Atmospheric scientists are out chasing the biggest thunderstorms the U.S. can dish out. But they’re not drawn to tornadoes or floods — they’re tracking down pollution.
Big thunderstorms notoriously suck up ground-level air and pollutants like a vacuum and vent them high into the sky. Now it’s time to figure out how much pollution goes up and what happens when it gets there, say the scientists behind a new field campaign known as Deep Convective Clouds and Chemistry, or DC3.
To be clear, it is fine to think of a “deep convective cloud” as a big thunderstorm: “When you see or hear a thunderstorm, it is really a mature convective cumulus cloud,” the DC3 team clarify on their blog. “So what you might call a boisterous thunderstorm is in fact a deep convective cloud!”
The campaign, which began May 15 and runs through June 30, is targeting thunderstorms across Colorado, Oklahoma and Alabama. A team of 100 scientists from 29 organizations, including the National Center for Atmospheric Research, is using three research aircraft, among many other tools, to quantify the influence of thunderstorms on air chemistry at the top of the troposphere (the lowest layer of the atmosphere, where all of our daily weather occurs).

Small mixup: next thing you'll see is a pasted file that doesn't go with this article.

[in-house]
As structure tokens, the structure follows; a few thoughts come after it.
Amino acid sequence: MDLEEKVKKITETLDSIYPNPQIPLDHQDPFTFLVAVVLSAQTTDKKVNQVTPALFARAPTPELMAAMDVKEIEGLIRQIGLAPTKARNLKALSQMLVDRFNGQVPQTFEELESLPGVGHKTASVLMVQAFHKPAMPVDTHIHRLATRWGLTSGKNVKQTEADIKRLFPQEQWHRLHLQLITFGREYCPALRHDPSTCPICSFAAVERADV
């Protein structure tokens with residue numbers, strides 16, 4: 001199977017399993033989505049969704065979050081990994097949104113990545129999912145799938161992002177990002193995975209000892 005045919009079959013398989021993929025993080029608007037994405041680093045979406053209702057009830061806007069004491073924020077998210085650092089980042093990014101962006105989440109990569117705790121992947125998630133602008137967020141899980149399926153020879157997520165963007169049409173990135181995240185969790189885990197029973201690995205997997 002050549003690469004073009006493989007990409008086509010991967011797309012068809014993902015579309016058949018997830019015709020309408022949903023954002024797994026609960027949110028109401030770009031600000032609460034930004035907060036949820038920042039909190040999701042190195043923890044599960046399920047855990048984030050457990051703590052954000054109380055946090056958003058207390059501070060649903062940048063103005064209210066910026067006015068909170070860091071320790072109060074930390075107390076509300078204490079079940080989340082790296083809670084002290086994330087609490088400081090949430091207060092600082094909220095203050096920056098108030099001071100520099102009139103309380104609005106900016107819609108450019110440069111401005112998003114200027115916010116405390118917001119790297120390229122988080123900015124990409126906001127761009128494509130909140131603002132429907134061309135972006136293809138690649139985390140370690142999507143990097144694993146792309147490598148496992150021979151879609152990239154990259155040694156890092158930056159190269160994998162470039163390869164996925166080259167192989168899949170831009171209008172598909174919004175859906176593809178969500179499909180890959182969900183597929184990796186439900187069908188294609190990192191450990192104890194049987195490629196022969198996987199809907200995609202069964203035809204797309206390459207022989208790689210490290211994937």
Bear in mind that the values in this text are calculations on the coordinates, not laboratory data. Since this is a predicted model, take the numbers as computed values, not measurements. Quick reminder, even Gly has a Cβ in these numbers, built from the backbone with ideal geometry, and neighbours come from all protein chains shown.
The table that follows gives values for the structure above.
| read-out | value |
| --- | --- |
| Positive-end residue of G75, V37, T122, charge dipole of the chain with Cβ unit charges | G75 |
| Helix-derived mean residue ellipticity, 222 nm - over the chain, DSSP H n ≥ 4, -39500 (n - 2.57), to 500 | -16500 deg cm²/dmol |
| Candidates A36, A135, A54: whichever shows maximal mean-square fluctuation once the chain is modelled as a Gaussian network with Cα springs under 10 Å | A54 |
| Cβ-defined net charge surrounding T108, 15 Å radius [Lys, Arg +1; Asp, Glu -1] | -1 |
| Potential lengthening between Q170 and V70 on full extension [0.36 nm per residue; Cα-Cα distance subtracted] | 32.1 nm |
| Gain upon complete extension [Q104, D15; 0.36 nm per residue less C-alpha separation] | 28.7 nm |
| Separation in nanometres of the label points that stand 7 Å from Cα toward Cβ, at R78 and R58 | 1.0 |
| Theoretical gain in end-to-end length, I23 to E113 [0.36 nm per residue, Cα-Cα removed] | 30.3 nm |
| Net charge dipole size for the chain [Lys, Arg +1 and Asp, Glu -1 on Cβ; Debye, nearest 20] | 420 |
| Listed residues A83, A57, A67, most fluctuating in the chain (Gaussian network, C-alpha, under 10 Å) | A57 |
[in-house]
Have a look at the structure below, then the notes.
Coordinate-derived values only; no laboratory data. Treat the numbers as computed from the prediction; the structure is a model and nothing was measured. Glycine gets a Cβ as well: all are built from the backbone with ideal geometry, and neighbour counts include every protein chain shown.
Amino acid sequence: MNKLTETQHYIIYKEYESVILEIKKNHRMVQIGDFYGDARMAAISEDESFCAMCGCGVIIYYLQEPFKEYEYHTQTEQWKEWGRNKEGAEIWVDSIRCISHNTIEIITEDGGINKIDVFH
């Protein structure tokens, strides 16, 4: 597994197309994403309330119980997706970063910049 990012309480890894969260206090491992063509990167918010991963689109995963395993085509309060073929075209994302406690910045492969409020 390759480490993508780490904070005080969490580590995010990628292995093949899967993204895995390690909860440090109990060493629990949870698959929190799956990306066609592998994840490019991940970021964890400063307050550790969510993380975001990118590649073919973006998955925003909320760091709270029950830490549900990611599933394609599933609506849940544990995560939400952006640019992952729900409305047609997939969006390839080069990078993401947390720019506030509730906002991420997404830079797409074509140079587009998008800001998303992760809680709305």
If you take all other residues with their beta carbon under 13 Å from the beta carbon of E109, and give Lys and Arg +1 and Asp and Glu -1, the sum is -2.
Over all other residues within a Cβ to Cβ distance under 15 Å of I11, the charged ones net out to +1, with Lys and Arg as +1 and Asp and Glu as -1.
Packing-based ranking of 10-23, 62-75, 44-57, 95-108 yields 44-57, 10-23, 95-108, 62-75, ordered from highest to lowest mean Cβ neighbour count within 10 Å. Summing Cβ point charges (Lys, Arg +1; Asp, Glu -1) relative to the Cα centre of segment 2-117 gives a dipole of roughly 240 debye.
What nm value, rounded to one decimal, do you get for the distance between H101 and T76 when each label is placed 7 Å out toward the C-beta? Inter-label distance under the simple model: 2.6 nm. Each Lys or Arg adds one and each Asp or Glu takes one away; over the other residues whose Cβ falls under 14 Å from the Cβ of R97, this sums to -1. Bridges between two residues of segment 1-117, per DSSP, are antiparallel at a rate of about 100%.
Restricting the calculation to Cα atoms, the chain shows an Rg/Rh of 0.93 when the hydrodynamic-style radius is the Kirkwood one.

In the photograph above, taken over central Oklahoma four days into the DC3 campaign, the wispy, gray clouds near the tip of the airplane wing form a distinctive anvil shape that marks where rising clouds slam into the boundary between the troposphere (where air moves mostly vertically) and the stratosphere above (where air moves mostly horizontally).
The DC3 team is particularly keen to quantify ozone concentrations in this relatively uncharted territory of the sky. At other altitudes, ozone can be a good thing*, but in the upper troposphere it acts as a powerful heat-trapping greenhouse gas.
They are also keen to quantify concentrations and sources of nitrogen oxides (NOx), which eventually produce harmful ozone through a series of chemical reactions in the presence of sunlight. Lightning strikes produce some NOx, but much more comes from human activities on the ground (fossil fuel combustion and agricultural and forest fires). DC3 analyses will be able to tell which is which.
* Ozone’s status depends entirely on its altitude. Here’s a quick summary:
Photo: Distinctive anvil-shaped top of a thunderstorm cloud over central Oklahoma on May 19, 2012, viewed as the Gulfstream-V aircraft approached from the south. Credit: Chris Cantrell, National Center for Atmospheric Research.